Maarten Wetselaar outlines key factors behind recent oil price volatility. He then states that oil prices should not be overly fixated on, given their unpredictability. Instead, he argues that it is better for oil and gas companies to focus on costs. Maarten concludes by stressing that natural gas – a global, cost-competitive commodity – should be discussed alongside oil in a debate on energy security.
Ladies and Gentlemen, good morning. It’s a pleasure to be here with you all.
One hundred and eight. Forty seven. Twenty nine. Three numbers that neatly sum up what we’re here to discuss. They were the prices of oil in June 2014, January 2015 and January 2016.
Over the past few years, they’ve caused a lot of furrowed brows, including my own. So, is there any clarity about what’s behind the volatility we’ve witnessed?
For me, there are four factors which standout.
One, the state of the global economy. As we all know, industrial activity remains the key driver for energy demand.
Two, companies have adapted successfully to lower prices. And also, in the North American onshore there is a new type of supply that is able to respond faster than any other non-OPEC supply, such as deep water or heavy oil.
Three, the role of OPEC. The recent deal in which OPEC and several non-OPEC resource holders agreed to cut production for half a year eventually had the desired effect of hiking up prices.
And four, the rise of oil from outside OPEC, which now accounts for around 55% of global supply. This has been driven by the fall in cost of producing oil across the industry.
It looks like volatility is here to stay, with these factors continuing to have an impact on the price of oil. But to what extent? And for how long?
I don’t know. This may not be a popular answer, but in truth, none of us do. Not with any certainty anyway.
That doesn’t mean we should stop crunching the numbers and having debates like this. They’re vital in helping to improve our understanding on the path ahead.
But it’s important not to fixate overly on prices, given their unpredictability. Far better to focus on what can be controlled.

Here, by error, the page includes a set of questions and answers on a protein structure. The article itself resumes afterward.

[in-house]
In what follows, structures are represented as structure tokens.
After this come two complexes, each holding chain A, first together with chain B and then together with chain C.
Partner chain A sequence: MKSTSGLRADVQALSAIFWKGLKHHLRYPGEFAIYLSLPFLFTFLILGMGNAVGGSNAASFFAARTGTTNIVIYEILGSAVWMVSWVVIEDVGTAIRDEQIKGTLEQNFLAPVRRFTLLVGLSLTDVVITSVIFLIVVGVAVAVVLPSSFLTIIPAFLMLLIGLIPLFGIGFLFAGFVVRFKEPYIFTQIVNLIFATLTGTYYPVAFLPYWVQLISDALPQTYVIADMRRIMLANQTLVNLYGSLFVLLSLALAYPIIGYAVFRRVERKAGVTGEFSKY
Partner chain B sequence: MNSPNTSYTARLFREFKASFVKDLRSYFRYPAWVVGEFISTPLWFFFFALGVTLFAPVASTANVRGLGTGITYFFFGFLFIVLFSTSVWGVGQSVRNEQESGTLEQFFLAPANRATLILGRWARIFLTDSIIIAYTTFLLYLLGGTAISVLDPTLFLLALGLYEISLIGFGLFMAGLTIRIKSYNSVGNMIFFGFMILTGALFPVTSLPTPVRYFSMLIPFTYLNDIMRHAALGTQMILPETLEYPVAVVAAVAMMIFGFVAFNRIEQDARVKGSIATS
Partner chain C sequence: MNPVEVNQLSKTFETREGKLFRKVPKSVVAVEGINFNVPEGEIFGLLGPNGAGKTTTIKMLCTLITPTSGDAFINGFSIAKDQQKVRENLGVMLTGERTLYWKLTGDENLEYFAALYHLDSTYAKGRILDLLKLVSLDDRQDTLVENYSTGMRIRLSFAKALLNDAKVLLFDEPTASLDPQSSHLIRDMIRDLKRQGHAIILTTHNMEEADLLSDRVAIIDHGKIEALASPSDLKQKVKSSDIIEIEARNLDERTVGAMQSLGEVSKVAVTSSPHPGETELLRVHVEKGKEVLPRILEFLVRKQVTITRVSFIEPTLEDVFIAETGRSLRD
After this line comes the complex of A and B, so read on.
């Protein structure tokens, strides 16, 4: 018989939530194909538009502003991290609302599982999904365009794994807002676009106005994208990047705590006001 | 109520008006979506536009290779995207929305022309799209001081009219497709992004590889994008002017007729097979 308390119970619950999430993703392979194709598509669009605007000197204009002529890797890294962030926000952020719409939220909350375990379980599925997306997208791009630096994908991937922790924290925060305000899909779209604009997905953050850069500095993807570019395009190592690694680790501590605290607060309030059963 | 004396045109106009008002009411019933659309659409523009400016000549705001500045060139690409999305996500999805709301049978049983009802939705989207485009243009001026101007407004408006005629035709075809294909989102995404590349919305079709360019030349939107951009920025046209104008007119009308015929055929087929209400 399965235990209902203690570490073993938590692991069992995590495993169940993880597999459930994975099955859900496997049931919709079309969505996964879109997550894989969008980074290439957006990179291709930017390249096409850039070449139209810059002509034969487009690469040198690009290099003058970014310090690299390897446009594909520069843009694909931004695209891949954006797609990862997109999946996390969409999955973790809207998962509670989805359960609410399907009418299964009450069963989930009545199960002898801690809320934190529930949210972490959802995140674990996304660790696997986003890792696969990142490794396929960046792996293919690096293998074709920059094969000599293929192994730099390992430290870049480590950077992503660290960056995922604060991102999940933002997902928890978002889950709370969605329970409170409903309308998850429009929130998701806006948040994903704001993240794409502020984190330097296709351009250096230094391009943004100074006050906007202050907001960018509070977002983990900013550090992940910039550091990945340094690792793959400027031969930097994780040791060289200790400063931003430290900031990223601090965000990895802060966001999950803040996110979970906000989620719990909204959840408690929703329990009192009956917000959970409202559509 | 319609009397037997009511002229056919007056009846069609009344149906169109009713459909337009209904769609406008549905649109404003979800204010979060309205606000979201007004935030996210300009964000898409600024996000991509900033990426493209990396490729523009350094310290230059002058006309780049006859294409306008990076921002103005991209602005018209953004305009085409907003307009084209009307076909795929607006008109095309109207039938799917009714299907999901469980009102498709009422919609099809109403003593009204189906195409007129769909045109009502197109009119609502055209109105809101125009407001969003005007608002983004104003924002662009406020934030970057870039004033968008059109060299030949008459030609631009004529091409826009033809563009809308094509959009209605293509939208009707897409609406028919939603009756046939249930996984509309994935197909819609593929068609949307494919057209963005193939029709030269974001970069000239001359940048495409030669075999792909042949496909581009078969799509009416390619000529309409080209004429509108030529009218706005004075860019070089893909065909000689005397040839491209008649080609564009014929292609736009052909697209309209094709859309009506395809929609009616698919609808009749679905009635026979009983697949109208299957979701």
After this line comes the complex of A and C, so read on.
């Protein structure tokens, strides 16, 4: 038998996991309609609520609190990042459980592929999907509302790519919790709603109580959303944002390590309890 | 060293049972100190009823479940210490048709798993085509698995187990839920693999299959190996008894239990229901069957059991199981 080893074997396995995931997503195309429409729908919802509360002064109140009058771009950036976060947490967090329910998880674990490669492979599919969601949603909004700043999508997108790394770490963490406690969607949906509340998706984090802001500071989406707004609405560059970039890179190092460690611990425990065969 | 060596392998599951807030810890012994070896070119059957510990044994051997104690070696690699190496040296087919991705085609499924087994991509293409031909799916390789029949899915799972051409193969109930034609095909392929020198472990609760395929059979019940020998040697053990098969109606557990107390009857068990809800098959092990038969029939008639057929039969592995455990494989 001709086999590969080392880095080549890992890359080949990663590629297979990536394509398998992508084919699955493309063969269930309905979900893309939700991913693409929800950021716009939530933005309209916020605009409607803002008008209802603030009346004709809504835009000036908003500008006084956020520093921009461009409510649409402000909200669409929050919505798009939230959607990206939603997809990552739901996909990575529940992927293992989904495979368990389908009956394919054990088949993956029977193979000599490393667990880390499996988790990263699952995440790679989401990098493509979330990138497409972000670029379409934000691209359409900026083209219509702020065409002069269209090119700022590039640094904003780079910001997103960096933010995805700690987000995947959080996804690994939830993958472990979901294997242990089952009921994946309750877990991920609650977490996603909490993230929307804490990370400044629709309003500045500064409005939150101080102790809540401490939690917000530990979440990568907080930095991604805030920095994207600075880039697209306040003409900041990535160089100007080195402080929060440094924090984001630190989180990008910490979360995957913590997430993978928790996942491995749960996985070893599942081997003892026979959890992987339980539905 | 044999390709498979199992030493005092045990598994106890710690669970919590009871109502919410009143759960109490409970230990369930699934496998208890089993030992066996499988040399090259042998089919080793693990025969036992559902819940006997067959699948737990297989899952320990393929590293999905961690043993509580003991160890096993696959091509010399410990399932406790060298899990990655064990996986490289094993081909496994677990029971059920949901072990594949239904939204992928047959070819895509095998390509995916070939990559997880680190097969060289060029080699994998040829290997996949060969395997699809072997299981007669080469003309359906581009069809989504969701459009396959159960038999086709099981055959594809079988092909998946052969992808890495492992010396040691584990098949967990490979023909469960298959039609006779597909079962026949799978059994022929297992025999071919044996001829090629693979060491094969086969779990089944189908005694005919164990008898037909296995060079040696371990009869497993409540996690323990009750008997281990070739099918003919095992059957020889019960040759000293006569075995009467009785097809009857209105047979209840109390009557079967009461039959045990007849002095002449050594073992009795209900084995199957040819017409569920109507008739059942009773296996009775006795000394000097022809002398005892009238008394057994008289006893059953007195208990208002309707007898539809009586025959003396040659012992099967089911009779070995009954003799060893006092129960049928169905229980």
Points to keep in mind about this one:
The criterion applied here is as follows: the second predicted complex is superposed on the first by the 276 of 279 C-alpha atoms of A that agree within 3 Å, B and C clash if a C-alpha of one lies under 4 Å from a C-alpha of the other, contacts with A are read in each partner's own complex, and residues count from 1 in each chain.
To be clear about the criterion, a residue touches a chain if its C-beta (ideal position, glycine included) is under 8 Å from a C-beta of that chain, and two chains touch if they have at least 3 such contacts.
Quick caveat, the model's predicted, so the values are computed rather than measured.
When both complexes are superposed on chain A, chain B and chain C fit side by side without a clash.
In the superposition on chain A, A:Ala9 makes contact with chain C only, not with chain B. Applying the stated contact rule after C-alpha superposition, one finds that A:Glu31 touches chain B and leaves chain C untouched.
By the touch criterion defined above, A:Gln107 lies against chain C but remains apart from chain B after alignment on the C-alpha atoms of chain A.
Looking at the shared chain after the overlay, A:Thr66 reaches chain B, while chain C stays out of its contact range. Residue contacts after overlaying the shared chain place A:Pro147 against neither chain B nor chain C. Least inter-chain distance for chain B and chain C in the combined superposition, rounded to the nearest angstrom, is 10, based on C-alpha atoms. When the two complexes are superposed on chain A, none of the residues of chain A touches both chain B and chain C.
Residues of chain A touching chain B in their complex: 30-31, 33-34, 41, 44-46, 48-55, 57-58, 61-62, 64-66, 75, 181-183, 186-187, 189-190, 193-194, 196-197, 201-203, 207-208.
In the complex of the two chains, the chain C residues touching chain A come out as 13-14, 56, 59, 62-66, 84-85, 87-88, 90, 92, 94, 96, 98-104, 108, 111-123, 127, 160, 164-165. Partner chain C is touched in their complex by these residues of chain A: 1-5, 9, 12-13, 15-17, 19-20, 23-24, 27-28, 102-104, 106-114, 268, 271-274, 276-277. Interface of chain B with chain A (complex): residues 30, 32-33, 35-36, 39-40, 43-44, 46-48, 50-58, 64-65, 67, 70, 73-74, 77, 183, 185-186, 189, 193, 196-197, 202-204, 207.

In the case of oil and gas companies, they have control over their costs.
At Shell, we recognise the need to be competitive at a range of oil prices. This means making tough decisions to trim the fat off our projects in order to lower the price at which they break-even.
In the case of governments, there is some control over the way income is used for producing countries and the quantities and types of energy purchased for consuming nations.
Broadly speaking, energy policy priorities for governments fall into three categories. The first is ensuring reliable energy supplies from a diverse number of sources – the overarching theme of this roundtable. The second is maintaining competitiveness in global markets. And the third is reducing greenhouse gas emissions.
Oil and how much you pay for it will – to varying degrees – influence each of these priorities. As such, it is right that it plays a central part in today’s discussion.
But there’s another energy source, which should also be a part of a conversation on energy security. And that’s natural gas.
Having diversity and flexibility to provide energy from both gas and oil allows countries to optimise their cost of supply. As the market for gas becomes more liquid – as has happened here in Europe – the price is no longer linked to oil. This allows a country to hedge both price and volume through access to both sources of energy.
Gas is also the cleanest-burning hydrocarbon. It’s a global, cost-competitive commodity. It has multiple uses across all sectors of the global economy – from power to transport, buildings to industry. And it is an ideal partner for intermittent renewable energy sources.
As such, it addresses the priorities of competitiveness and the environment.
Are oil prices critical to energy security? Absolutely. But so is the role gas can play in a country or region’s energy system.
Unlike prices, governments do have somecontrol over the extent of gas’ role in ensuring secure supply in countries throughout the world. That’s why it should be discussed alongside oil in a debate on energy security.